Monday, February 15, 2021

Cherry Harvest – E. H. Clements

In the intriguing opening of Cherry Harvest (1944) set on a train filled with soldiers Duncan Carey in a fit of nostalgia is headed to Burbury Manor. He remembers visiting the place as a child and has fond memories, especially of its cherry orchard. He had been ordered to take a leave of absence from his job for what is vaguely hinted as some sort of nervous breakdown. A surprise is in store for him when he learns from Anthony Lord, one of his fellow train passengers, that Burbury has been transformed into Cleeve School, a boarding school for girls, and that most of the students have been evacuated. Lord is on his way to visit his music teacher girlfriend at the school and to help her with the few girls remaining behind waiting for relatives to claim them. Also in this opening chapter we learn that two sets of parents, the Passmores and the Willows, are headed to Burbury to pick up their daughters. Rounding out the varied cast of characters are Miss Hartland travelling with her Skye terrier to visit little Jill Mannister, who is the daughter of her friend Captain Mannister and Alan Brent, who also is a friend of Mannister’s. And of course there are the members of the school staff led primarily by headmistress Adela Knowles and music teacher Celia Staire. Ultimately, the mystery at the heart of Cherry Harvest is to ascertain Carey’s true reason for visiting Burbury, what his real job is and why he had the breakdown.

Languorous and nostalgia filled this protracted exposition introduces many characters and sets up myriad relationships. But literally nothing happens for the first 80 or so pages amid all the introductions. There is, however, plenty of dialogue: chit chat and gossip about the parent’s children, commentary on the war, tidbits about how railway cars are set up during wartime (no restaurant car, by the way, due to food rationing), on and on.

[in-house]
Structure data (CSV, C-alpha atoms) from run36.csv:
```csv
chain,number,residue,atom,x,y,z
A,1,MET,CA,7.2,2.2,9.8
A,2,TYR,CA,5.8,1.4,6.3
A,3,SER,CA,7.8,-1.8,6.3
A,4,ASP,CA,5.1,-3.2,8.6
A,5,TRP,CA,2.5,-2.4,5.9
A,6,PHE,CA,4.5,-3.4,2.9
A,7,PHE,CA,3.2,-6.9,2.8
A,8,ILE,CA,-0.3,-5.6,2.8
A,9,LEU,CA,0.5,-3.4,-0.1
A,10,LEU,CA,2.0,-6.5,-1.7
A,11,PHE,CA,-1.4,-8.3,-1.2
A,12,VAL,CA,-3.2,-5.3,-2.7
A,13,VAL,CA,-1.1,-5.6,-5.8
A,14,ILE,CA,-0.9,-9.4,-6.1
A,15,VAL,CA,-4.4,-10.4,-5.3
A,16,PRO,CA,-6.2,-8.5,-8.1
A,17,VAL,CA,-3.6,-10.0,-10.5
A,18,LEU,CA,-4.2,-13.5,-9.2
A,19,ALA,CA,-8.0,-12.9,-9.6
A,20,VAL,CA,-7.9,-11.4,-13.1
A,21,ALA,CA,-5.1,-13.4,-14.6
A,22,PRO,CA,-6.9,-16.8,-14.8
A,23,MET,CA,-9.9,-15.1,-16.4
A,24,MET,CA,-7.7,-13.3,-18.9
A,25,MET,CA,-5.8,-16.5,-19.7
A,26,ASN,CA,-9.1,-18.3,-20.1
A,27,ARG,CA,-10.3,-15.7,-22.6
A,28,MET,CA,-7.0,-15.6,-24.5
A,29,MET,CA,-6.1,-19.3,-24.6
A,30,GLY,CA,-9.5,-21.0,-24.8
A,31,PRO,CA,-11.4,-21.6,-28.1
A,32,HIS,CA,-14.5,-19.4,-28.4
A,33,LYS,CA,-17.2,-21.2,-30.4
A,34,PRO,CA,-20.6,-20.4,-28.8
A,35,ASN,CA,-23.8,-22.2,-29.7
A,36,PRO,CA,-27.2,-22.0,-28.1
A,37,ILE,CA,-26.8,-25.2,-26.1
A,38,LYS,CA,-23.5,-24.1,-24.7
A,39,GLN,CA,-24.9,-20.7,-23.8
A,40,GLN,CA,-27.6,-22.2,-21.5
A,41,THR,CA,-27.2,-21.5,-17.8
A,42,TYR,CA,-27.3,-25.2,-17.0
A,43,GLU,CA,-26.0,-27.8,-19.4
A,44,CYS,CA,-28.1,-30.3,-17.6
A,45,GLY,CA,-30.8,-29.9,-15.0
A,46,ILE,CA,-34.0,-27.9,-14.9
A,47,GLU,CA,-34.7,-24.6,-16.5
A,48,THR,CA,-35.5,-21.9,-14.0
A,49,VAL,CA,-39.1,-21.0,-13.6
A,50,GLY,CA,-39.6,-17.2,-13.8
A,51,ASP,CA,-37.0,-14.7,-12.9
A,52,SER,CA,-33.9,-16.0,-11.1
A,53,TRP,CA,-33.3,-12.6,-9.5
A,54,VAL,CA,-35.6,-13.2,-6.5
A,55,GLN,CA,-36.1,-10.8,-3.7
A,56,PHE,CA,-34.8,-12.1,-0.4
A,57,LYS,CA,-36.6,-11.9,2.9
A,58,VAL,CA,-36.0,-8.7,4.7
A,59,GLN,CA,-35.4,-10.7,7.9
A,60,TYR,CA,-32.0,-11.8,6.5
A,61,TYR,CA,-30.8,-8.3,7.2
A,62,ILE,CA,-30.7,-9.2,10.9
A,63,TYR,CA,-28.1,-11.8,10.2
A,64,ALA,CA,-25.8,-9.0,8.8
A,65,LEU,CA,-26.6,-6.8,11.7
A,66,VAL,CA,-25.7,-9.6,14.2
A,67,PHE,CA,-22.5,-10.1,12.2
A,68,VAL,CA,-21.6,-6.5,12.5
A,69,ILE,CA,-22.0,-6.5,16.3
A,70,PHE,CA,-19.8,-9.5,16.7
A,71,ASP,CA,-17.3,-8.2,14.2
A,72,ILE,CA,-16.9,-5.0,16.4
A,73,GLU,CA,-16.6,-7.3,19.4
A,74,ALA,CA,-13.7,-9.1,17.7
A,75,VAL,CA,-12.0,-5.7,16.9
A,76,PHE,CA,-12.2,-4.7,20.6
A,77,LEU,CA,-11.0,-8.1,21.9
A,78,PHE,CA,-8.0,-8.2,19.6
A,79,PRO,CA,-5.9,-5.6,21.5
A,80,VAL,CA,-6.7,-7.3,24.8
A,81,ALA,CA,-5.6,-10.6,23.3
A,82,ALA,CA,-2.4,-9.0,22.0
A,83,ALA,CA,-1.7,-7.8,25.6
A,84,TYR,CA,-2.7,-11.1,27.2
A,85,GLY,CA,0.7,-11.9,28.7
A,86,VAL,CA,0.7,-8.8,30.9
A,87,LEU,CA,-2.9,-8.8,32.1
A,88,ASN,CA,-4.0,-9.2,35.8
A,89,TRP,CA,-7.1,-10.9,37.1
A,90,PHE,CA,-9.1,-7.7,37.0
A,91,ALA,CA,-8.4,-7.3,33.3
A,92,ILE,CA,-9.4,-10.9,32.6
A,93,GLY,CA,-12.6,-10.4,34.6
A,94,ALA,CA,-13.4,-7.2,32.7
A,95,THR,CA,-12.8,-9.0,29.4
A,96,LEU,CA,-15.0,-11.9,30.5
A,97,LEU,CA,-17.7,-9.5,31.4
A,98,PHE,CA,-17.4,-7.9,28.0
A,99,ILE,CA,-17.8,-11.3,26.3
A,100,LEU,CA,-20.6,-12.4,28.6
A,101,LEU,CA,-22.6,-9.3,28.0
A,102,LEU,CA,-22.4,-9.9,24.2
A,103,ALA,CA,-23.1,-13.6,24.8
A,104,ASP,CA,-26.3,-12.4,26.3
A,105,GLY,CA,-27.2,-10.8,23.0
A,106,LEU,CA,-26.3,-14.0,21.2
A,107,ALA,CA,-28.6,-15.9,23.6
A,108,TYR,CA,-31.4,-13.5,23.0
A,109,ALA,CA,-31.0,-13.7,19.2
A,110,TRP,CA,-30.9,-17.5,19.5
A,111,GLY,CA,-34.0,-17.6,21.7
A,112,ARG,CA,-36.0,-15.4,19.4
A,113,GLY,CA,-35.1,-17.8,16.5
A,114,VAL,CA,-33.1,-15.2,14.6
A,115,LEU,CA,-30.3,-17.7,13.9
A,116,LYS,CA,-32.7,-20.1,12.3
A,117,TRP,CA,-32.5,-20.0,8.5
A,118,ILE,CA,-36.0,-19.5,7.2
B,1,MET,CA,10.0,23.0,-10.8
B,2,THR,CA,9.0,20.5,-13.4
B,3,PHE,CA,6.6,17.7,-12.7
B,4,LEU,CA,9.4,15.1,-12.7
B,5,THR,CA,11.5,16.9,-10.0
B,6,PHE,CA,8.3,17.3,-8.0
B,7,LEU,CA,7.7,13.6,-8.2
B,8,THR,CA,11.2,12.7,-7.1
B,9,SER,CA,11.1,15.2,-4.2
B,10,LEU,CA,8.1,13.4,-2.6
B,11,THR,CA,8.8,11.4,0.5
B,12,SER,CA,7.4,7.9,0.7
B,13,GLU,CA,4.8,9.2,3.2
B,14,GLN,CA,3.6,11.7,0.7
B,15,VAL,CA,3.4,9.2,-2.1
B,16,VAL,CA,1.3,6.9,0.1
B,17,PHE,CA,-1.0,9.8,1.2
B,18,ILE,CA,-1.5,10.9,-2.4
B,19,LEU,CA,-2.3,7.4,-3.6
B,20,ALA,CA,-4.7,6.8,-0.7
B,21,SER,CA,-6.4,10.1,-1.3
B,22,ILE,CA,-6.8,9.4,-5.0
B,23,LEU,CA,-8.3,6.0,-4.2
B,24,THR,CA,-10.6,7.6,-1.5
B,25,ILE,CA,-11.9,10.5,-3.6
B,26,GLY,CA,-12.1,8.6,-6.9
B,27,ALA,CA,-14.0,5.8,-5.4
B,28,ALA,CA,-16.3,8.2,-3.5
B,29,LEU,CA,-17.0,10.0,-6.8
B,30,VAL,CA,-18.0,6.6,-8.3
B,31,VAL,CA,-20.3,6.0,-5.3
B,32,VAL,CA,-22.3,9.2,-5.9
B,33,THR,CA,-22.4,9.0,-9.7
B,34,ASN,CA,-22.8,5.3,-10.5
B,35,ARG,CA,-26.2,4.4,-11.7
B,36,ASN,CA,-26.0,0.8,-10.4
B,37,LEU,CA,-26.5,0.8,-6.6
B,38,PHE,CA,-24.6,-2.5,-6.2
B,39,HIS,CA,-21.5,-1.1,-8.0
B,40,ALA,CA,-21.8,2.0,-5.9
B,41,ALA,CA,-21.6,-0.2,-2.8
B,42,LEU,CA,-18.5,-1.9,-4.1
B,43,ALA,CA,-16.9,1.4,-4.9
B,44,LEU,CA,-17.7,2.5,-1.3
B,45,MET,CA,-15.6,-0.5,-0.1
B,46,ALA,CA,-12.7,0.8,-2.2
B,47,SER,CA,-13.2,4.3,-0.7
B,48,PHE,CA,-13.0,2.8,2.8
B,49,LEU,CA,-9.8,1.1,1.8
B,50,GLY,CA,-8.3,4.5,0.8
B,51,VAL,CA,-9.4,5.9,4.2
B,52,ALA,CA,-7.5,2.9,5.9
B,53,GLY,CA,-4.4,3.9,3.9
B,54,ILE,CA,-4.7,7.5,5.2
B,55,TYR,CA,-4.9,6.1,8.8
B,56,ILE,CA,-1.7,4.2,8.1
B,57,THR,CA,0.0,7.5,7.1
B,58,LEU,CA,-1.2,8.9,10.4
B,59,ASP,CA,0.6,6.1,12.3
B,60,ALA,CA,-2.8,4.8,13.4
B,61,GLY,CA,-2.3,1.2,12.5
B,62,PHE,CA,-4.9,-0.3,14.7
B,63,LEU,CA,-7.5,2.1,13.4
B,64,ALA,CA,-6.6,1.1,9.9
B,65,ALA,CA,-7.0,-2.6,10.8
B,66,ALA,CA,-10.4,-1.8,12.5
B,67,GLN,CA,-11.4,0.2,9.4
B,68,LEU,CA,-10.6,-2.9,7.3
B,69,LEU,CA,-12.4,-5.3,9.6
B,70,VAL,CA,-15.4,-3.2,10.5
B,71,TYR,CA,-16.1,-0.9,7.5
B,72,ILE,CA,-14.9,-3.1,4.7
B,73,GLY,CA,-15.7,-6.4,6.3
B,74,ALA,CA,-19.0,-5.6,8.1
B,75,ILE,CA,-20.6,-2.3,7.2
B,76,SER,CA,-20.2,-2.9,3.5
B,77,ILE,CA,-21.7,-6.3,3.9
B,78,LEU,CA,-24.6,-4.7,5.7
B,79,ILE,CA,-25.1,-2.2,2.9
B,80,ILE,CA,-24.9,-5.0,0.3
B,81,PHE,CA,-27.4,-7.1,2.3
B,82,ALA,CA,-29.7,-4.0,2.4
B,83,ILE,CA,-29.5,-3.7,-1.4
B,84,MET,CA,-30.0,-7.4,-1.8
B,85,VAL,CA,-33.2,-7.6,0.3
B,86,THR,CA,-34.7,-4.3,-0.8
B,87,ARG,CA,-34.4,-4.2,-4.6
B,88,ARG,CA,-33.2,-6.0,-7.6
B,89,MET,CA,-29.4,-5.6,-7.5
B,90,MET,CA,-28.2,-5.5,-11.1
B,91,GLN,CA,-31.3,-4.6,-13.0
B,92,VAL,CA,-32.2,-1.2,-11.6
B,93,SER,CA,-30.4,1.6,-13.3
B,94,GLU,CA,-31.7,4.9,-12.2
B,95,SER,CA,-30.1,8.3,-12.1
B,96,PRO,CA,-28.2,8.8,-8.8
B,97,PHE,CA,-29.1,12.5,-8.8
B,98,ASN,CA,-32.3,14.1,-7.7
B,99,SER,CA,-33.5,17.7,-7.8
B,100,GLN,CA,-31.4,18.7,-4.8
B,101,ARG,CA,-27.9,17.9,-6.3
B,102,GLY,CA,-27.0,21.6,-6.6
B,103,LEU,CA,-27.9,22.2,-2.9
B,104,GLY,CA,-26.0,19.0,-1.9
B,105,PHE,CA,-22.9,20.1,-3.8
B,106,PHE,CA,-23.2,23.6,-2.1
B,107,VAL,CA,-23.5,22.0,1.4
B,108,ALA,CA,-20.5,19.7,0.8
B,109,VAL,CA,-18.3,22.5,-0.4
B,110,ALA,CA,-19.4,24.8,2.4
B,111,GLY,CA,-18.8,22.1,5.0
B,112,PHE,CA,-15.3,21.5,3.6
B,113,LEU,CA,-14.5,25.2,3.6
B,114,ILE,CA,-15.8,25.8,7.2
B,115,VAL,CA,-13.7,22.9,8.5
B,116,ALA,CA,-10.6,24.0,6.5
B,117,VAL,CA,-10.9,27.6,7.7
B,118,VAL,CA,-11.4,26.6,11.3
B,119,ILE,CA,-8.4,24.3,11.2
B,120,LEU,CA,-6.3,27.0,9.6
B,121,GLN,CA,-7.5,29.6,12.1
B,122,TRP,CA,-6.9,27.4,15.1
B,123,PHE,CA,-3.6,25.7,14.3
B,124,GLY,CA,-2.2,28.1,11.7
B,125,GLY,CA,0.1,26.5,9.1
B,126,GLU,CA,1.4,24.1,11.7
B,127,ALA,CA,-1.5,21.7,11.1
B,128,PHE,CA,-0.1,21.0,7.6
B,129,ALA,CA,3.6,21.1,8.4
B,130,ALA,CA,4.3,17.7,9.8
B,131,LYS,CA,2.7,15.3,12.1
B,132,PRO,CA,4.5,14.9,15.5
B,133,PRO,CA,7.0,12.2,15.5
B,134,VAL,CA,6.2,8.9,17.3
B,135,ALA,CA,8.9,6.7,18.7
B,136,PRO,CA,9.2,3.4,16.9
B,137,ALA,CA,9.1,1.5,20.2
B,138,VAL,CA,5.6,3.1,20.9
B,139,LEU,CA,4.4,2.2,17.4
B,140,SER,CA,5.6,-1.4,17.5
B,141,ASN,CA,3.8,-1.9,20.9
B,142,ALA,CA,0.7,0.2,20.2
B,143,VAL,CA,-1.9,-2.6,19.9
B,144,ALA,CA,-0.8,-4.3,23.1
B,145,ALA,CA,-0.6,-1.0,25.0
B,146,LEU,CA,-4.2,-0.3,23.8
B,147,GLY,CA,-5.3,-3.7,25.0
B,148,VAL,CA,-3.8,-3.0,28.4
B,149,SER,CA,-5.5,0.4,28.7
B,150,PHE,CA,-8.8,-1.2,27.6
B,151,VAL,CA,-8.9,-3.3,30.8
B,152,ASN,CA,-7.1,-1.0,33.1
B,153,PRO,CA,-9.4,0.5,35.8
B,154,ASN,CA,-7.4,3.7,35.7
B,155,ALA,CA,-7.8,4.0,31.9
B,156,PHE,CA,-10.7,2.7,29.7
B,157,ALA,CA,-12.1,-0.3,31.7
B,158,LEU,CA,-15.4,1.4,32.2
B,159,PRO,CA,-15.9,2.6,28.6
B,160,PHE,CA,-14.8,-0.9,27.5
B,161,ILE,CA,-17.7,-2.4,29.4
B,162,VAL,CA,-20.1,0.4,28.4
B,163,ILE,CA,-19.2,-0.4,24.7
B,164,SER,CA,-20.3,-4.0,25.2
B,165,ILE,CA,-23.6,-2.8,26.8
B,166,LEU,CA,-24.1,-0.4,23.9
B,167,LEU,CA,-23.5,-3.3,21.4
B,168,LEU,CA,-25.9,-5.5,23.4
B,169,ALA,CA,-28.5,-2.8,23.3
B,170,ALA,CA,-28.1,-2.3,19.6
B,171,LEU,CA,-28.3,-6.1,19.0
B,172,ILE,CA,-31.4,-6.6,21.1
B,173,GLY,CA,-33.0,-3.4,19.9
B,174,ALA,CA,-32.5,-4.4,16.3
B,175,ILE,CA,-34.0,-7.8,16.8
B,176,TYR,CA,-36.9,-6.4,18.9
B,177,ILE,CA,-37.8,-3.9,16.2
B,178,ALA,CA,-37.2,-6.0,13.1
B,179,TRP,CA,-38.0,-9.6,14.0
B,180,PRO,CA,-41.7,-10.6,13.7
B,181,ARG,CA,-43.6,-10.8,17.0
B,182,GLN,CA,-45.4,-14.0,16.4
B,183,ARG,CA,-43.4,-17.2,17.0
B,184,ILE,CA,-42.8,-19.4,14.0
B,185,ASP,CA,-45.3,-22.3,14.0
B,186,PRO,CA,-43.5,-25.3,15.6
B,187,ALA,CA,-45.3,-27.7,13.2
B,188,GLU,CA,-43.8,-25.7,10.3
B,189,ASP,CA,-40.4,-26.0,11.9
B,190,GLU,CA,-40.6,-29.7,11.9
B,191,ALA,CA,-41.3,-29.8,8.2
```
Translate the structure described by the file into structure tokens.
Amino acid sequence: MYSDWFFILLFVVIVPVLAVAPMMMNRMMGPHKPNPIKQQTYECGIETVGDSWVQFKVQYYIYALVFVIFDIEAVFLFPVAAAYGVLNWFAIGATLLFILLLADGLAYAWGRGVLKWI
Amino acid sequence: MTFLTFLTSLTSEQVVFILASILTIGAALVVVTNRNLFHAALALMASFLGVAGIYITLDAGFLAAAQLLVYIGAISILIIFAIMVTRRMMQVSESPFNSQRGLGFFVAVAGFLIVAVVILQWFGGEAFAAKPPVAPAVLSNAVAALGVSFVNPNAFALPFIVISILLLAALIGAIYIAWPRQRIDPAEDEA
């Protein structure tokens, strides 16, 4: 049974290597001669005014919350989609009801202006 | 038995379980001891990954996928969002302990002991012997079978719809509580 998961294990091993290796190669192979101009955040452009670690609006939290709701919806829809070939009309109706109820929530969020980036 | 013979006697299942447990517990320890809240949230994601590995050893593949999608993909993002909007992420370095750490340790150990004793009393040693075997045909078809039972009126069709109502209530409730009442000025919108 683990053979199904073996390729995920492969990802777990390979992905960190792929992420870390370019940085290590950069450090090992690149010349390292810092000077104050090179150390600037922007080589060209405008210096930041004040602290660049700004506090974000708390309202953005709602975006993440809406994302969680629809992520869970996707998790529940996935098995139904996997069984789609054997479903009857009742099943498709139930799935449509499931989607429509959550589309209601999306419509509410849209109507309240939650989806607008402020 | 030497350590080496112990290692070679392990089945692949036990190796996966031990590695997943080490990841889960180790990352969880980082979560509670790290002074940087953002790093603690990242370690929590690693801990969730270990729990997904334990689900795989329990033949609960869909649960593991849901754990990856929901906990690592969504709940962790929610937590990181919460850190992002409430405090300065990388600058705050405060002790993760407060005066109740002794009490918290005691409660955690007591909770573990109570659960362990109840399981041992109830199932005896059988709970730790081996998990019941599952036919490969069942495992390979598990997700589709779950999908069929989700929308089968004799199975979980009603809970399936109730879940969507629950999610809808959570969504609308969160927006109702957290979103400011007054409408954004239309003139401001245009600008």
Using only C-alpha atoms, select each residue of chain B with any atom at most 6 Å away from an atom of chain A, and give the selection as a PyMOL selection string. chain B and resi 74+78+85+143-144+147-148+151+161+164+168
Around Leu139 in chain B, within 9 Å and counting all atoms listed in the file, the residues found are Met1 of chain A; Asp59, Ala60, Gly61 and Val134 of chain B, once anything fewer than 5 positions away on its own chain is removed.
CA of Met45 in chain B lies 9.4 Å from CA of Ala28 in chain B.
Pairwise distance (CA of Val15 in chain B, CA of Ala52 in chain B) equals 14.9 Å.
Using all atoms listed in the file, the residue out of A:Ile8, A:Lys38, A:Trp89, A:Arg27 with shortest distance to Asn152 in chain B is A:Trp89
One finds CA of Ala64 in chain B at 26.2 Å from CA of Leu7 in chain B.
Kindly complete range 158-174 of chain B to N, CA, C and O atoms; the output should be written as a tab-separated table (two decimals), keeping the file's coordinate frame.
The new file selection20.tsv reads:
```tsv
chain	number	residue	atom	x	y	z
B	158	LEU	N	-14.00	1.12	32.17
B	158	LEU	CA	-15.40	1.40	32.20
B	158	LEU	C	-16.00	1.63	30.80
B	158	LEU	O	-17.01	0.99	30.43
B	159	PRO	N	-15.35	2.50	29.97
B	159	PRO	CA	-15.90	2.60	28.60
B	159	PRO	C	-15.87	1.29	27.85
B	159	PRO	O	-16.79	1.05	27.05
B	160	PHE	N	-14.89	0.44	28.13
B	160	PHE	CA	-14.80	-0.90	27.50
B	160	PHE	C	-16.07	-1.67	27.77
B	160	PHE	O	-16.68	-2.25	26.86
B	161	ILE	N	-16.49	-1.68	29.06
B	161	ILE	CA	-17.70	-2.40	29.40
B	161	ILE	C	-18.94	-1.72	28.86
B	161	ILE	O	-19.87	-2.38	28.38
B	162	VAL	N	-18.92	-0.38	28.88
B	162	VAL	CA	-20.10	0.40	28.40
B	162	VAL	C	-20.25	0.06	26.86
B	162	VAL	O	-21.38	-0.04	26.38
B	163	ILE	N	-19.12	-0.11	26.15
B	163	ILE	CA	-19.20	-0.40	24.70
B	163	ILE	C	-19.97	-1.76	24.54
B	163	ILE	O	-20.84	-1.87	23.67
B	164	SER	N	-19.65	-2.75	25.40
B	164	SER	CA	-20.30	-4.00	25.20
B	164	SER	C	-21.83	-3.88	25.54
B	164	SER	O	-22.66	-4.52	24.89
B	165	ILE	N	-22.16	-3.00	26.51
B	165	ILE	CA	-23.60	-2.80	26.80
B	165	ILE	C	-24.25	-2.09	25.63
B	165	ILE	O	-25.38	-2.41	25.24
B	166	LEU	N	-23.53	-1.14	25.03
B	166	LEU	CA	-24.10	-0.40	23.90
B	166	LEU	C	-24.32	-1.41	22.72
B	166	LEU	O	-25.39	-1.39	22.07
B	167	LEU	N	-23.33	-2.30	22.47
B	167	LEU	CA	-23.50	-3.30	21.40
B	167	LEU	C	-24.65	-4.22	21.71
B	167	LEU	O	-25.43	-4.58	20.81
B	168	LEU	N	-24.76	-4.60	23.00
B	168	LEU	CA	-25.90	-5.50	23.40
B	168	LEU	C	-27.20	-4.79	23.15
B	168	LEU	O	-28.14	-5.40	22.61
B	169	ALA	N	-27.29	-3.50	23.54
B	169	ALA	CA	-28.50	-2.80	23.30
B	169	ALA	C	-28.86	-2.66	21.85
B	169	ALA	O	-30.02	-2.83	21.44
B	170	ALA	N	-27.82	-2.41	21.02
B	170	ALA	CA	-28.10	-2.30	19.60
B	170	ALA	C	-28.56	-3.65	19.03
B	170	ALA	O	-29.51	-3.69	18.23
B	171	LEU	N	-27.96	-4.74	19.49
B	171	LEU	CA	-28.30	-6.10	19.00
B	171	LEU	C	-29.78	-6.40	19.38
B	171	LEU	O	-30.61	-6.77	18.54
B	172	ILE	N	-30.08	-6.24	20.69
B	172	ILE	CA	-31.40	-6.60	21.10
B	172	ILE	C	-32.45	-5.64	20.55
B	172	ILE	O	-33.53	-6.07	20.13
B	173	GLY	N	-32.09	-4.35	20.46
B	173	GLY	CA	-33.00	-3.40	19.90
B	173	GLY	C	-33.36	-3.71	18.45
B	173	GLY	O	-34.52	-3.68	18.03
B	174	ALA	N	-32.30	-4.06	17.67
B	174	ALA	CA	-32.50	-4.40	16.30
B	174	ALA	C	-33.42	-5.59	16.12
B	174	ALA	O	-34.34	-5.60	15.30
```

Where was Alister Woodhead, Clements’ series character, in all of this? I was beginning to be haunted by Carolyn Wells and her habit of waiting until the last third of the book before she inserts the real protagonist detective into the story. Woodhead does not appear until the middle of the third section titled “Sunday” in this four-sectioned book that takes place over a long weekend. The real action of the book does not pick up until after the characters arrive at the school and the students and teachers are introduced all of which lasts well into the “Sunday” section. Then suddenly poor Thomas, the dim-witted but friendly groundskeeper at Cleeve, is found shot. His body is at nearby a lever that controls a contraption called the bird-scarer – a conglomeration of tin cans and scrap metal fitted into the branches of the cherry trees in order to frighten away marauding jays and other birds who eat the cherries. How he was killed is a slight mystery and is rather important to the underlying mysteries related to Carey’s arrival. But none of that is fully explained until Woodhead shows up.

One of my primary problems with the way Clements chooses to tell her story is her insistence on having her characters talk nonstop in relating incidents that occurred offstage without the reader’s knowledge. This is the “Greek tragedy syndrome” of writing crime fiction that I loathe. I would prefer that the reader actually see the events occur rather than have two or three people talk about it to one another after the fact. When Clements does decide to give us action as it happens (about three times over the course of the novel's length) she is in high suspense mode. It is disappointing that she opts for more talk and less action for Clements has a true talent for action and creating an eerie atmosphere at Cleeve School. The story could have been that much more suspenseful and less satirical given the gravitas of her story. A man has suffered from nervous exhaustion while devoting himself to military secrets and inventions and has lost his memory. Another man has been gruesomely killed and is practically forgotten the moment he dies. But Clements would rather focus on the antics of the girls, their cutesy talk and competition in making friends with Duncan Carey, and the satiric humor embodied in Stella Passmore who represents a kind of ridiculous bourgeoisie British woman obsessed with propriety, status and materialism.